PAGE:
If we have clearly identified the target audience then it becomes important to clearly identify the ways and means of molding this generation to meet and defeat not only the current threat but the future threats to our nation. The answer lies in adaptable leadership; leaders that are inspired, informed, and flexible enough to meet the demands of a new generation while remaining committed to the principles that have made our Army great. In order to defeat this generational enemy we must bring all available weapons systems to bear and apply overwhelming firepower to ensure we are preparing for the future while meeting the current operational requirements.

101st Airborne Division, walks through the NCO Arch during a noncommissioned officer induction ceremony

Our most effective weapon in this battle will undoubtedly be education. We, largely members of Generation X, must understand what motivates and inspires Generation Y to want to excel, to build that same desire in their future that was invested in each one of us. Our education will have to begin with what makes Gen Y, or the millennials as I will refer to them, tick. The millennials are often viewed as the video game generation. Many of them live in the “first person shooter” world where they are interconnected in ways that were unheard of 20 years ago. Social media has revolutionized the way millennials communicate and interact, this is a system, a tool or even a weapon that we as leaders can exploit in order to mold these future leaders so that we meet both their and our own leadership development needs. In my opinion, social media may be one of the most significant changes to human life in the last 20 years. It has led to revolutions in the Middle East such as the Arab Spring. It has led to the up-to-the-minute situation reports (SITREPs) that characterize the daily interaction of today's youth. It has also led to what I will call a “shrinking society” concept. This concept can be applied equally to our country or on a global scale but the simple fact that communications are real or near-real time in this age is a significant difference from when Gen X grew up. This type of interconnectivity is a unique form of communication that must not be feared but must be leveraged to its fullest extent to ensure the most effective and efficient utilization of our most precious resource, the Soldier.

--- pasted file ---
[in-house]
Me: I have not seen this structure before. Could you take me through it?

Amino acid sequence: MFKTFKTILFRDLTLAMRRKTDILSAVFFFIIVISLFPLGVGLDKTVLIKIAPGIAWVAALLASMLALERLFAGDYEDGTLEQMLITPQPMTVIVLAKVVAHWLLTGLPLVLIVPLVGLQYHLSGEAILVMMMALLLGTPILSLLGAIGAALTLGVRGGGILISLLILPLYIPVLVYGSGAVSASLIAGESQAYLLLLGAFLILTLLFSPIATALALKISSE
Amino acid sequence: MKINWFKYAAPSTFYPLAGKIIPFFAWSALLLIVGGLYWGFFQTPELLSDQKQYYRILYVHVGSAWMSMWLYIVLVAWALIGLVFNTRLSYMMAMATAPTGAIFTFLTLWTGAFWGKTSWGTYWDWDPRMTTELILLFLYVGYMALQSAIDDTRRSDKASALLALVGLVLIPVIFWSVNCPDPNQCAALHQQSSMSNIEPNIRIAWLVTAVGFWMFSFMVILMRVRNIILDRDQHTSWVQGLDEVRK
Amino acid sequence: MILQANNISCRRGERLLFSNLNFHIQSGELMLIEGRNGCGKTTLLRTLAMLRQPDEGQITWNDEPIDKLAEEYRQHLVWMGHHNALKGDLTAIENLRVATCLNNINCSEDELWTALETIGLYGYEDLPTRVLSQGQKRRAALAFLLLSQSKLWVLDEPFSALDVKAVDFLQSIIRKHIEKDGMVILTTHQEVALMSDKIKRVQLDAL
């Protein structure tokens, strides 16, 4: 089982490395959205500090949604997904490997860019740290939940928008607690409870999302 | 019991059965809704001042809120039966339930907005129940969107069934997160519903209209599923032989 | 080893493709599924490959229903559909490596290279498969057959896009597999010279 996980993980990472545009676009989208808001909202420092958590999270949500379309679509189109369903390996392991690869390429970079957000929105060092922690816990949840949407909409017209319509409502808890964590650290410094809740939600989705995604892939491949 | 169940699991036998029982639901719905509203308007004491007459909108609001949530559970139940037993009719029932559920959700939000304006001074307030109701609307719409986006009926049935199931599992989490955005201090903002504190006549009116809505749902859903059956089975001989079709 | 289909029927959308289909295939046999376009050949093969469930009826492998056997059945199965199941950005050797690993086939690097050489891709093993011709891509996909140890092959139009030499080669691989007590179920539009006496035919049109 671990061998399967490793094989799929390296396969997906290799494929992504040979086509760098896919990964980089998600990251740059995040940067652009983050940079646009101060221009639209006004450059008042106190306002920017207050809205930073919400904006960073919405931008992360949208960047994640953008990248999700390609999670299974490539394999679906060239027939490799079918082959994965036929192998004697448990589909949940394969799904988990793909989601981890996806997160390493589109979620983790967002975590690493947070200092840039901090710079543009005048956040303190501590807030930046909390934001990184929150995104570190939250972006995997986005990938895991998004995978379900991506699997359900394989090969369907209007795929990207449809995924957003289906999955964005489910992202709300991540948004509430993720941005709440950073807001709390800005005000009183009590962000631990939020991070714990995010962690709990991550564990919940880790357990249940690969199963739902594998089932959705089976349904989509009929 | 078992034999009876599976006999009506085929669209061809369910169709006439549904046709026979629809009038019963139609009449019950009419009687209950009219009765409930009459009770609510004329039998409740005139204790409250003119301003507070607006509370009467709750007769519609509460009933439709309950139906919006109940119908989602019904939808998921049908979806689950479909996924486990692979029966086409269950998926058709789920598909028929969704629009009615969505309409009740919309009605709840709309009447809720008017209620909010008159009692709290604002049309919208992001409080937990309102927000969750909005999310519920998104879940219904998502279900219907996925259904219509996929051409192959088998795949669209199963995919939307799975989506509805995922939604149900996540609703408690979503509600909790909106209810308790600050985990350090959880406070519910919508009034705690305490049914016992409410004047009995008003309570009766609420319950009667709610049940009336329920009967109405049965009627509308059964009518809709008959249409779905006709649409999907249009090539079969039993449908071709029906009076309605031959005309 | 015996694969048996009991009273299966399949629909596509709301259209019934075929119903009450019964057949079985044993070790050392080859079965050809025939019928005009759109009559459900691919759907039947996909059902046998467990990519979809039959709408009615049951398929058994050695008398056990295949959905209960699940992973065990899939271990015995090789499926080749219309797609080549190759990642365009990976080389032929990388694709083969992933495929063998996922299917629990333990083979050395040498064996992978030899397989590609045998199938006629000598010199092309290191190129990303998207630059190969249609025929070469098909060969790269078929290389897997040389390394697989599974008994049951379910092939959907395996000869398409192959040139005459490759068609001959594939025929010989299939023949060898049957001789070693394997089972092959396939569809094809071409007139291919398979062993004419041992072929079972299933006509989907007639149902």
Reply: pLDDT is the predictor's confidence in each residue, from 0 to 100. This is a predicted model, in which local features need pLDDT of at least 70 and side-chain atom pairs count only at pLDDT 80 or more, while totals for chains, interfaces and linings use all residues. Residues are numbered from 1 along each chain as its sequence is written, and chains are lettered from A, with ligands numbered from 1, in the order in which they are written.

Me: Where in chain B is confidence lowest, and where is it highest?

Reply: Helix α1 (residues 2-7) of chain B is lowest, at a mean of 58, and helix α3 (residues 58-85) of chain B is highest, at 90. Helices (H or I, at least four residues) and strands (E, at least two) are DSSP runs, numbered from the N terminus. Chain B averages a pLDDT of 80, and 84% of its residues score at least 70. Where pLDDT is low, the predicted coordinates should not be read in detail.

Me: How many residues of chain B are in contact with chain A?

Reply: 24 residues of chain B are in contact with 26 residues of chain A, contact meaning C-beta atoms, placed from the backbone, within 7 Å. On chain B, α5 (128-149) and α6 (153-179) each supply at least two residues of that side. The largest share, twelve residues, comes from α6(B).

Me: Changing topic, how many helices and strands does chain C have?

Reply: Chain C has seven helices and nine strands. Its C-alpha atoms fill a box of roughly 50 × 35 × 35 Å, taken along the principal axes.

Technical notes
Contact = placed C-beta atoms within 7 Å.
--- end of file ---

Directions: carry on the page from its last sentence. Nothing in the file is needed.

Social media quite possibly may be our most important tool in closing the generational gap. Connecting with the brightest young men and women in society must be made a priority to ensure we are recruiting and retaining the highest quality Soldiers necessary to ensure the future of our Army and our Nation. Social media sites such as Facebook, Twitter, and LinkedIn are important resources that must be utilized to their fullest in order to attract our future warriors, scholars and statesmen.

Video games are a resource that will become more and more important as we move into the future. Virtual battlefields with leaders immersed in tough, realistic scenarios will be a vital asset in training as we move forward. The current fiscal restraints appear likely to become the norm as we scale down and ultimately close-out our operations in support of the War on Terror but the need to train and maintain a smaller, more lethal force has never been greater. Leveraging virtual reality simulation technology will be a way to enhance training and maintain the warrior edge while reducing the cost of field training exercises and deployments to the National or Joint Regional Training Centers. Virtual, constructive and gaming style training events will never fully replicate or replace the live training events but they can be used as a way to compliment and reinforce a fewer number of live training events in order to sustain the warrior’s edge while practicing good stewardship of our limited resources.